The European Union has the leverage to induce President Vladimir Putin to allow more foreign energy investment because of the EU's importance for Russian exports, said a US diplomat.
Europe „can extract an enormous amount from Russia,” Matthew Bryza, US deputy assistant secretary of state for European and Eurasian affairs, said in an interview today in Brussels. „As much as Europe feels dependent upon Russia for natural-gas supplies, so is Russia dependent on Europe for the revenue stream that is flowing back.” Russia, the world's largest fuel exporter, is using state control of the oil and gas industry to boost economic clout. Russia this year has threatened to cancel a $22 billion Royal Dutch Shell Plc project, spurned offers by western companies to help develop the country's biggest untapped gas deposit and temporarily shut off the gas tap to Ukraine. Putin last week rejected calls to introduce investment rules modeled on the EU's free-market principles. At an October 20 meeting with EU leaders in Finland, Putin said Russia's refusal to ratify an energy charter didn't mean the door was shut to western investment. „I would hope that President Putin is simply being an astute negotiator, which he's proven to be,” said Bryza. „If Europe hangs tough and together, and like a consortium of companies demands mutually beneficial terms, Europe can exact quite a bit.”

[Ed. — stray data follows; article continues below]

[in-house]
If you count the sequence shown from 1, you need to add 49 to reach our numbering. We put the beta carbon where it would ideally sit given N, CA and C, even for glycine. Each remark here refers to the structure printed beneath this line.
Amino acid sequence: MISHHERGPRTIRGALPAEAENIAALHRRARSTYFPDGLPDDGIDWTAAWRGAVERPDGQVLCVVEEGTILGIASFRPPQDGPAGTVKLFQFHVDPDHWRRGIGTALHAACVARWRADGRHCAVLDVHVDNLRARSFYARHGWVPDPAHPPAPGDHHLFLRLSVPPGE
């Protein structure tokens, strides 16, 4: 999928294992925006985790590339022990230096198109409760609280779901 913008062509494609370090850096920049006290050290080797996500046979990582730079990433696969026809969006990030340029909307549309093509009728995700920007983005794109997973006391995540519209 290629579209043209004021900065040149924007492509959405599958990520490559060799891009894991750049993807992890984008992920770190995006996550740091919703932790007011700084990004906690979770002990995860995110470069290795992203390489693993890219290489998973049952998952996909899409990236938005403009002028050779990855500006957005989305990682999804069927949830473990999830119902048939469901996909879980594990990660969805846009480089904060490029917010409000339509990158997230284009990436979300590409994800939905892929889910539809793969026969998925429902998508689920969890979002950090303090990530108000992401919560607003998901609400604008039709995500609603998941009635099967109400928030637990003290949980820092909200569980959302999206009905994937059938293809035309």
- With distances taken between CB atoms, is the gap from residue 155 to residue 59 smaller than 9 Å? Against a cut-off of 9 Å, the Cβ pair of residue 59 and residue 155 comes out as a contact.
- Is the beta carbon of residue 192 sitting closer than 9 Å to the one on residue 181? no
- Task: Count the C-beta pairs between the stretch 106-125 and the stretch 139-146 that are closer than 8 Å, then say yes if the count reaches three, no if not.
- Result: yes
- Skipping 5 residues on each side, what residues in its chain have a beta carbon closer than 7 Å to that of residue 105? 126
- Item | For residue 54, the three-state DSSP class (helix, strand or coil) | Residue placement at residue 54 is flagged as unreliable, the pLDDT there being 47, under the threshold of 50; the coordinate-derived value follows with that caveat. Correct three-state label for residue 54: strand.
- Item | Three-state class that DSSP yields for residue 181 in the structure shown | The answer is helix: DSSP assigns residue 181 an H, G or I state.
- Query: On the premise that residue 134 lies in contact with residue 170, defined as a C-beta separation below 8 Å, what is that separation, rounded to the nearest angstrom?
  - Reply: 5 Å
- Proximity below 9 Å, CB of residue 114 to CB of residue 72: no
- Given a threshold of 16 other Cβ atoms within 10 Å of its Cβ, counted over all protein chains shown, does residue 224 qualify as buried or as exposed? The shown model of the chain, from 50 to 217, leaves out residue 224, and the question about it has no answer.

Energy is at the heart of EU-Russian ties, with oil and gas making up more than 60% of Russian exports to Europe. The EU became Russia's largest market when 10 countries, including seven former Soviet satellites, joined the bloc in 2004. The Russian government today said Royal Dutch Shell's Sakhalin-2 oil and gas project may face criminal charges and should halt some construction, bolstering Putin's efforts to gain a stake in the biggest foreign investment in Russia. Bryza said the dispute may involve legitimate Russian legal concerns and Shell, as „one of the world's greatest companies,” would „abide accordingly.” „If, however, it comes to be seen that there's something else at play here, something that is contrary to the rule of law,” he said, „then I think that's a more foreboding situation.” OAO Gazprom, Russia's state-run gas company, said two weeks ago it would develop the $20 billion Shtokman field itself. Chevron Corp., ConocoPhillips, Norsk Hydro ASA, Statoil ASA and Total SA had bid to help develop Shtokman's 3.7 trillion cubic meters of gas, enough to supply the US for more than five years. Gazprom, the world's biggest gas exporter, decided this week charge to Ukraine about $2 billion more for the fuel in 2007. Russia cut off shipments to its former Soviet Union partner in early January before Ukraine agreed to pay Gazprom almost twice the price in 2006 as the year before. (Bloomberg)